Foursquare is a website where individuals broadcast to a much more intimate crowd of 5-8 on average.  Dennis Crowley, co-founder of foursquare states, they are focusing on the individual’s “inner circle,” or the group of people of whose activities and whereabouts they actually care to follow and know.  These inferences are evident when examining the areas where people check in as well.  Checking into airports and sporting arenas are a way of saying “Hey look at me, I am doing something cool and I want to tell you about it,” which provides a very different implication than checking into a bar or restaurant.  These types of check-ins are more personal, as if saying “Hey guys, I am having a couple drinks at the local bar, come by and have a few.”  By posting their location they are in essence sending an inviting message to their “inner circle” whom are likely to be around them.

What it comes down to is that there is a deep-rooted psychology behind “checking in” that caters to different types of people.  Facebook has reached its level of success because it is not only based the real world, but our ideal version of it.  Also, is provides us with a system in which we get feedback for what we choose to post.  Because it has become incorporated as a norm in today’s society, any activity we add is an addition to our own identity, which is why we choose to share positive things.  According to Internet psychologist Anders Colding-Jorgensen, “people don’t share stuff because they have tried it, they share stuff that makes them look good.”  This can be translated over into the check-in system as well.  People are choosing to share things that make them look good.  For this reason, it makes sense that travelers choose to share check-ins at airports on Facebook because it makes them look prominent.  Those who are checking into restaurants on foursquare are also making themselves look good, but only feel the need to present it to their close friends.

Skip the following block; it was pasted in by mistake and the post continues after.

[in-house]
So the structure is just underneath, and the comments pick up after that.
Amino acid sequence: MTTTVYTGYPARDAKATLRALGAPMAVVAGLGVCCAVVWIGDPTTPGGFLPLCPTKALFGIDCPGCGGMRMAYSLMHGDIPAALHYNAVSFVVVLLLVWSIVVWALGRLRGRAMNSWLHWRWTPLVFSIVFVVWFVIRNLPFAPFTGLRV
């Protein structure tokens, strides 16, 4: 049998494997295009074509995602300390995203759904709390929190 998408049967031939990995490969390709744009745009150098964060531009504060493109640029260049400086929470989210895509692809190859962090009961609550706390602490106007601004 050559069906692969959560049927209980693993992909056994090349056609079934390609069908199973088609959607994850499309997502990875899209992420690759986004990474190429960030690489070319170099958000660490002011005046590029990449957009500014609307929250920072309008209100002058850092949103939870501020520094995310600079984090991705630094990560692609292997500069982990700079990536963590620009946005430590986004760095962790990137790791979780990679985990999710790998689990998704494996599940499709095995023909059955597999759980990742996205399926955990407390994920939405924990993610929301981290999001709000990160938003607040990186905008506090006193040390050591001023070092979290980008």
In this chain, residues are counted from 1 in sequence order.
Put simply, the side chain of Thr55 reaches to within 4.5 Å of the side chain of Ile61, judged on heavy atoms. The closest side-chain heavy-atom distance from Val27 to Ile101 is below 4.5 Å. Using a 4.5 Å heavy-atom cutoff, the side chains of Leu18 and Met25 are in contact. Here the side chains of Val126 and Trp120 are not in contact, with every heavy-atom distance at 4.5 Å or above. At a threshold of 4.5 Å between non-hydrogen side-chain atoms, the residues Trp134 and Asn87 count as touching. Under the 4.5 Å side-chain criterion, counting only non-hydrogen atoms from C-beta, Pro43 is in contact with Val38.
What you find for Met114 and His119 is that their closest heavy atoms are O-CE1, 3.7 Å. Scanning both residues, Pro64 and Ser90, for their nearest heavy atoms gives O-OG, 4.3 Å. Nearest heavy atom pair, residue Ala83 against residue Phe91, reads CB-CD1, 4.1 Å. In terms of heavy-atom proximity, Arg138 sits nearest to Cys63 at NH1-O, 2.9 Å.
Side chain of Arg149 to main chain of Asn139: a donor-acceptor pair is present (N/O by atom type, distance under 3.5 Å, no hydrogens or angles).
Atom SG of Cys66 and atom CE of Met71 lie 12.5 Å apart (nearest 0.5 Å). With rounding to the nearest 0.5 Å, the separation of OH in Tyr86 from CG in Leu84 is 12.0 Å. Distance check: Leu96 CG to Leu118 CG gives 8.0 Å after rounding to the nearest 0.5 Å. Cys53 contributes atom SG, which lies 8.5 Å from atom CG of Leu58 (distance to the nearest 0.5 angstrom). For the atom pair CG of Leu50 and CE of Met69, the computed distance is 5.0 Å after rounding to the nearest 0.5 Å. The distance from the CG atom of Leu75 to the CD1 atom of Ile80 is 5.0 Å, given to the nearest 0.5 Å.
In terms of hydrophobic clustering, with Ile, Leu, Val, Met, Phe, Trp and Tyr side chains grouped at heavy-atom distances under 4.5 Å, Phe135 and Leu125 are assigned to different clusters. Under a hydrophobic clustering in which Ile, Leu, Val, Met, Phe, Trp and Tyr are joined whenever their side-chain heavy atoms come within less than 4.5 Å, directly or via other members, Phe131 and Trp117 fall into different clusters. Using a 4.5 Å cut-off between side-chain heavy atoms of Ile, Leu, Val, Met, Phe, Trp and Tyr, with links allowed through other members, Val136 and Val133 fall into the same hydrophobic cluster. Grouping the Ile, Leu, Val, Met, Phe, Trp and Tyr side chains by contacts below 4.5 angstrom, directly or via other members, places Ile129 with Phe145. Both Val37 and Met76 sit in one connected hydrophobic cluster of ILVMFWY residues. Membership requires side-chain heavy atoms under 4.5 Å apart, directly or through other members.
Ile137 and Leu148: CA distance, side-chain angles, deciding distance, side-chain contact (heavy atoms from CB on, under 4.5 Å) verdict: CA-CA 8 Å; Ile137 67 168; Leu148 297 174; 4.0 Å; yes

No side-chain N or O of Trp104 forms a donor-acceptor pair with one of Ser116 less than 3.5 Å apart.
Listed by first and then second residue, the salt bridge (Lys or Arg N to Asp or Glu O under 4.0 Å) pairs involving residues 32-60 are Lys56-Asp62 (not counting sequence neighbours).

Overall it is without question that location-based services such as foursquare and Facebook Places are changing the way businesses choose to market their products or services.  The important thing is to recognize which crowd you are aiming for and what they interests are.  Foursquare users are more likely to try products or services that are geared toward personal interaction.  Foursquare is a much more personal site where users communicate with a small group of people they consider to be their inner circle.  Facebook Places users, however, are a crowd that is more status-driven. It is a geosocial service that allows Facebook users to communicate their location with their entire social circle.  In this sense they are more likely to find interest in products or services of prominence and class. In the end it is an untapped market with the potential to prove quite lucrative to the right business model.  It is just a matter of who figures it out first.